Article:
“I’d say wage theft is the biggest crime wave in the country,” Bhandary-Alexander added.
Organize, organize, organize
In 1938, Congress passed the nation’s first-ever wage law, the Fair Labor Standards Act (FLSA), which made double damages a federal requirement. Yet nearly a century later, the gap between actual practice and national paper provisions is enormous.
In protests that continue to ripple across the country, workers have attested to the variety of ways by which they are deprived of their due pay: Employers regularly pay below minimum wage, withhold overtime pay or tips, misclassify their employees as independent contractors and engage in a whole host of other tactics to pay workers less than what they are legally owed. In many industries, wage theft is endemic.
National studies find that over 60 percent of workers in low-wage industries suffer wage violations each week, and that wage theft costs workers $50 billion a year. In 2013, the Connecticut Department of Labor recovered $6.5 million in unpaid wages. But many workers use civil suits instead of going through the DOL, and one can safely assume that many did not file complaints because of language barriers or fear of retaliation. The way the legal odds are stacked—and thanks to years of budget cuts that have reduced DOL Wage and Hour investigators to only about 20 percent their number in the 1970s—there are few incentives for an employer to not steal wages.
In her testimony in front of the Connecticut state senate in support of the new law, Karim Calle, a full-time student and worker from East Haven who said that in years past she had made as little as $30 a day waitressing, told the court what can happen to a worker trying to get back stolen wages. Calle spoke about two nail salons in Darien and New Canaan where manicurists were discriminated against, sexually harassed by their boss and paid neither minimum wage nor overtime. In addition, workers developed health problems because of the toxic chemicals they came into contact with daily.
In 2008, six of the women who worked in the salons filed a lawsuit for $370,000 in stolen wages. As the case wound its way through the courts, the employer’s three houses suddenly went into foreclosure, and he sold the two salons to his niece before disappearing. “Fraudulent employers use these practices frequently,” Calle said. Even though the court came to a judgment for $209,000, the employees had no way to collect it.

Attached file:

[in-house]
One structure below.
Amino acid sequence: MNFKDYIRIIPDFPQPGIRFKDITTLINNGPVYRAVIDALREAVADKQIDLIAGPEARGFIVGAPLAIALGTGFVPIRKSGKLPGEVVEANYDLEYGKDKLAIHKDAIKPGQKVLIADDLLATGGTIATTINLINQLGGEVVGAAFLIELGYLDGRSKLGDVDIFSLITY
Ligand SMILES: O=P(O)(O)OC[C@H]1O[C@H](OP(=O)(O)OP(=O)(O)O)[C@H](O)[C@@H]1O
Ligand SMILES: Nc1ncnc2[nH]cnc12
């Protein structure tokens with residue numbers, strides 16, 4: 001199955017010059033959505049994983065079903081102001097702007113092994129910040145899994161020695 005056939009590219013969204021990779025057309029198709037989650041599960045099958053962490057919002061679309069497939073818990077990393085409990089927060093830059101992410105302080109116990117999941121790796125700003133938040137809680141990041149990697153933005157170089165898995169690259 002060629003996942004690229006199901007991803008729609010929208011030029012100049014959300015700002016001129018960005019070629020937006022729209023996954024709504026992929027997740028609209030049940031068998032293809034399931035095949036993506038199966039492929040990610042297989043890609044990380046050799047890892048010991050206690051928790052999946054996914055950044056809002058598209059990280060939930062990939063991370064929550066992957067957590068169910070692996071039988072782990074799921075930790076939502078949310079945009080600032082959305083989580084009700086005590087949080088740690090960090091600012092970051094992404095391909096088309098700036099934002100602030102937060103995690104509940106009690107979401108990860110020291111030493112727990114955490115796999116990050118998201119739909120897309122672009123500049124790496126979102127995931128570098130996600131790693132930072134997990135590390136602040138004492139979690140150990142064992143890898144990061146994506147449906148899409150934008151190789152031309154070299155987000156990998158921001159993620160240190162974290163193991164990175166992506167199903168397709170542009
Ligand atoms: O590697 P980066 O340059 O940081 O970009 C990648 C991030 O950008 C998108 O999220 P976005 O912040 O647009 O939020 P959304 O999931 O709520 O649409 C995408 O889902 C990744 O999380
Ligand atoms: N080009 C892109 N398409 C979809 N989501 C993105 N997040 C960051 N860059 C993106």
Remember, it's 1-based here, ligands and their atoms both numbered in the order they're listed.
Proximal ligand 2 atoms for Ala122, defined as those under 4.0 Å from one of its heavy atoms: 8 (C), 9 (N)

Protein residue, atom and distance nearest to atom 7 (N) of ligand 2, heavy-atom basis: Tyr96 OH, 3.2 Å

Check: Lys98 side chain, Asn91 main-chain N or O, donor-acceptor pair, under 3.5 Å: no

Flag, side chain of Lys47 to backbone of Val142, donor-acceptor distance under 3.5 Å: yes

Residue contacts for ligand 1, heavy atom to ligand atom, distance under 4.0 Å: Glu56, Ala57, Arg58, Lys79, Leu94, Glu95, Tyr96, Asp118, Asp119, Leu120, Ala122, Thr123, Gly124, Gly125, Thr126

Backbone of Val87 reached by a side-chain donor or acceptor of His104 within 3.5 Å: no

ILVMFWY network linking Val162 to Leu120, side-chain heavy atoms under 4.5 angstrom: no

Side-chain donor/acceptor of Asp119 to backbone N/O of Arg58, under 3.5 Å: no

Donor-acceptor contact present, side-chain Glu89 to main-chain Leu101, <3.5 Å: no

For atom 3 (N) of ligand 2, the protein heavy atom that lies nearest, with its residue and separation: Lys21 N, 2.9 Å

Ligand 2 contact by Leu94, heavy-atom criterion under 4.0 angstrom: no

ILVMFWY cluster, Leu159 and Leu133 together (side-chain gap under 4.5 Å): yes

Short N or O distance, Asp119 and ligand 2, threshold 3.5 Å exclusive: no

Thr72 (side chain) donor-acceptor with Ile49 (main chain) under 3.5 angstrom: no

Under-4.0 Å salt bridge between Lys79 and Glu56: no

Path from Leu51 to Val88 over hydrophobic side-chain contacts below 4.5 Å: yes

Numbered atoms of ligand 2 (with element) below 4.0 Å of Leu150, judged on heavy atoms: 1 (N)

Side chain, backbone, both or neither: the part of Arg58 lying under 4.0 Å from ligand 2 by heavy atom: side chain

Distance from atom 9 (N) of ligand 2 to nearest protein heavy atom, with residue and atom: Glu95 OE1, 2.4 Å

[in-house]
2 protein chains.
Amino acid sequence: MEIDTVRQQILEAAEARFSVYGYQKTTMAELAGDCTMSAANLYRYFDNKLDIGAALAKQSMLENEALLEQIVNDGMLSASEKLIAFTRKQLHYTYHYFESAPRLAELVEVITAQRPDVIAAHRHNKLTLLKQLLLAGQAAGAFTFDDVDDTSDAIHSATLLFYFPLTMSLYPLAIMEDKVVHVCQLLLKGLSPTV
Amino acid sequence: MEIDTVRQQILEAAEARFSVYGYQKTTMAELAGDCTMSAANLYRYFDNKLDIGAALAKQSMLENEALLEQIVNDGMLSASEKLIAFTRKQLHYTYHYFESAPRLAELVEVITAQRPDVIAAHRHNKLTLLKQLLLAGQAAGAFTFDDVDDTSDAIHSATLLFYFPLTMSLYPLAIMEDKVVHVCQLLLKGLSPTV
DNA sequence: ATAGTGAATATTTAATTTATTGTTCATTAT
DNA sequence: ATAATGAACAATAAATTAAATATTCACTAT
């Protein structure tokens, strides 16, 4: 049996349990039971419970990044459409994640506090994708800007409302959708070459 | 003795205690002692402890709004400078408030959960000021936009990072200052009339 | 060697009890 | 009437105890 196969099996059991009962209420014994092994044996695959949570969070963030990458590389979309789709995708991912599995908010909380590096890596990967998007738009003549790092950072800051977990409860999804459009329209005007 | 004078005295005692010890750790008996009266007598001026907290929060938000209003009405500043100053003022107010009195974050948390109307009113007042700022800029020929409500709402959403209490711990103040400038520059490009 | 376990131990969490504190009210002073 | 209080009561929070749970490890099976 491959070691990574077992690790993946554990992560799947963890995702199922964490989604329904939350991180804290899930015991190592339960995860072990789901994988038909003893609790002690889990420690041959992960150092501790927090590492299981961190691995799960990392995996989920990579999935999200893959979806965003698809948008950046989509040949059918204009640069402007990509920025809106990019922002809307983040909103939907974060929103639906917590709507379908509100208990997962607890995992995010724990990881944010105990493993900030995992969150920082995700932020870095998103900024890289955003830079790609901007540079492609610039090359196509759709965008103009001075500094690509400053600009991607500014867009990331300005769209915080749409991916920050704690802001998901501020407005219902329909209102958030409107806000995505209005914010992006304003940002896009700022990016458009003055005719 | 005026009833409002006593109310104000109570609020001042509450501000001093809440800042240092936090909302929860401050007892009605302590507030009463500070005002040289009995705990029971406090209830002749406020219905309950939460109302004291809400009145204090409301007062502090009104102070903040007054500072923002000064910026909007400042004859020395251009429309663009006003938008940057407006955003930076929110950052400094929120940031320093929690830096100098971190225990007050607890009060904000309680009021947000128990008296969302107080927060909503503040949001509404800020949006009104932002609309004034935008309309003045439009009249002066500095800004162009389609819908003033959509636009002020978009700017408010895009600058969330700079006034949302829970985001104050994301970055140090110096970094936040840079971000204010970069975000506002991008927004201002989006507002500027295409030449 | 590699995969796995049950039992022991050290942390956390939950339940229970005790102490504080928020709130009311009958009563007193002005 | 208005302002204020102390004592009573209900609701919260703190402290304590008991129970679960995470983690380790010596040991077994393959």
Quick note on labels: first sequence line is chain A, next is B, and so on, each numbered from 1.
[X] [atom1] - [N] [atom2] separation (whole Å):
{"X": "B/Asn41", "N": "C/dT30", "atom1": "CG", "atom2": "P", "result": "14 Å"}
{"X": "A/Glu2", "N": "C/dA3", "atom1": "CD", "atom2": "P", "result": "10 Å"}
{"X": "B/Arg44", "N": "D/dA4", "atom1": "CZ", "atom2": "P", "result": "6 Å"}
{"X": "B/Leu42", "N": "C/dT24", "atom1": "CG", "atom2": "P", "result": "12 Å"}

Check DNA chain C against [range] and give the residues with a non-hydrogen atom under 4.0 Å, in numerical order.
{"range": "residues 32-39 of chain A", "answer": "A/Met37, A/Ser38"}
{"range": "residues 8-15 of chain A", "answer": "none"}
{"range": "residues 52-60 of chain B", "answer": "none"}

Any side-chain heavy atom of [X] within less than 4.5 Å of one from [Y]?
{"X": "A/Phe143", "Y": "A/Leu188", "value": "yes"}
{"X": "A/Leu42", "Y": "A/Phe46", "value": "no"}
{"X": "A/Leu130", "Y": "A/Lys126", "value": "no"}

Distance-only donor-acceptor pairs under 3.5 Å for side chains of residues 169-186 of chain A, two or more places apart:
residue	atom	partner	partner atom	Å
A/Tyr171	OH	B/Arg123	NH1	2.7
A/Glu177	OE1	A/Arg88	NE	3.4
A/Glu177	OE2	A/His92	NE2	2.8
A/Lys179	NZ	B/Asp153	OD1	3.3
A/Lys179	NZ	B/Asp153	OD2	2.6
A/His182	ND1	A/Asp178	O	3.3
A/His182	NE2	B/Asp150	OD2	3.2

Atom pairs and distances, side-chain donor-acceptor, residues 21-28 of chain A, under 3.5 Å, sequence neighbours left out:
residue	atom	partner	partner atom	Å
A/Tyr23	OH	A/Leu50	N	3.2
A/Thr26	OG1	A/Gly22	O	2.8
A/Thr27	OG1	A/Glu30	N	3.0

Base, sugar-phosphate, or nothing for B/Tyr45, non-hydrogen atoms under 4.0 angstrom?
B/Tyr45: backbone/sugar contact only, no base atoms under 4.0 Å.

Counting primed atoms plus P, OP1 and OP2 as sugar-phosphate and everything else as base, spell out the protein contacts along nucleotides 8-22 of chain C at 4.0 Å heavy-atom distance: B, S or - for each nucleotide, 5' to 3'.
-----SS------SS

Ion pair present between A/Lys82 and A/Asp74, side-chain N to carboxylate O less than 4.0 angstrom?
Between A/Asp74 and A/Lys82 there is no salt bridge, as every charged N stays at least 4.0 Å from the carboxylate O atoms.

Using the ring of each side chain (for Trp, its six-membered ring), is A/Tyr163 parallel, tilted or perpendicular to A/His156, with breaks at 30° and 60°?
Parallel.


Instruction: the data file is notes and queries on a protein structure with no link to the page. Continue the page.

Calle is a member of ULA, and fought hard for SB-914 as part of a package of laws, including one that would have brought wage liens to Connecticut. Wage liens enable workers to put a legal hold on an employer’s property when filing a wage theft claim and ensure that an employer can’t “disappear” assets before being ordered to pay what they owe—as the nail salon owner did.
Liens have been used successfully in Wisconsin, Maryland, Alaska, Idaho and Washington, and are being fought for in states like New York, where it’s known as the SWEAT bill (Securing Wages Earned Against Theft). Yet SB-914 is the only bill of the group that made it through the Connecticut Congress thus far.
Yet perhaps the most important advance to come out of SB-914 was the high level of community and worker organization that coalesced around the law. Groups like ULA joined forces with Legal Services lawyers, union members, local students, activists from the Connecticut Immigrants’ Rights Alliance, the Fight for $15 campaign and others to secure the bill’s passage. According to Calle, this coalition is what made the bill’s passage successful.
“This isn’t just a legal problem,” said Bhandary-Alexander, “it’s a political problem and a cultural problem, too. We need to keep fighting the legal battles, yes, and keep increasing the cost of wage theft, but, on the bottom end, it’s organizing, organizing, organizing… SB-914 shows you both what you can do with not a ton of resources but a lot of patience and energy,” he concluded. “But the question is, how do we accomplish more?”
The law becomes effective October 1, 2015.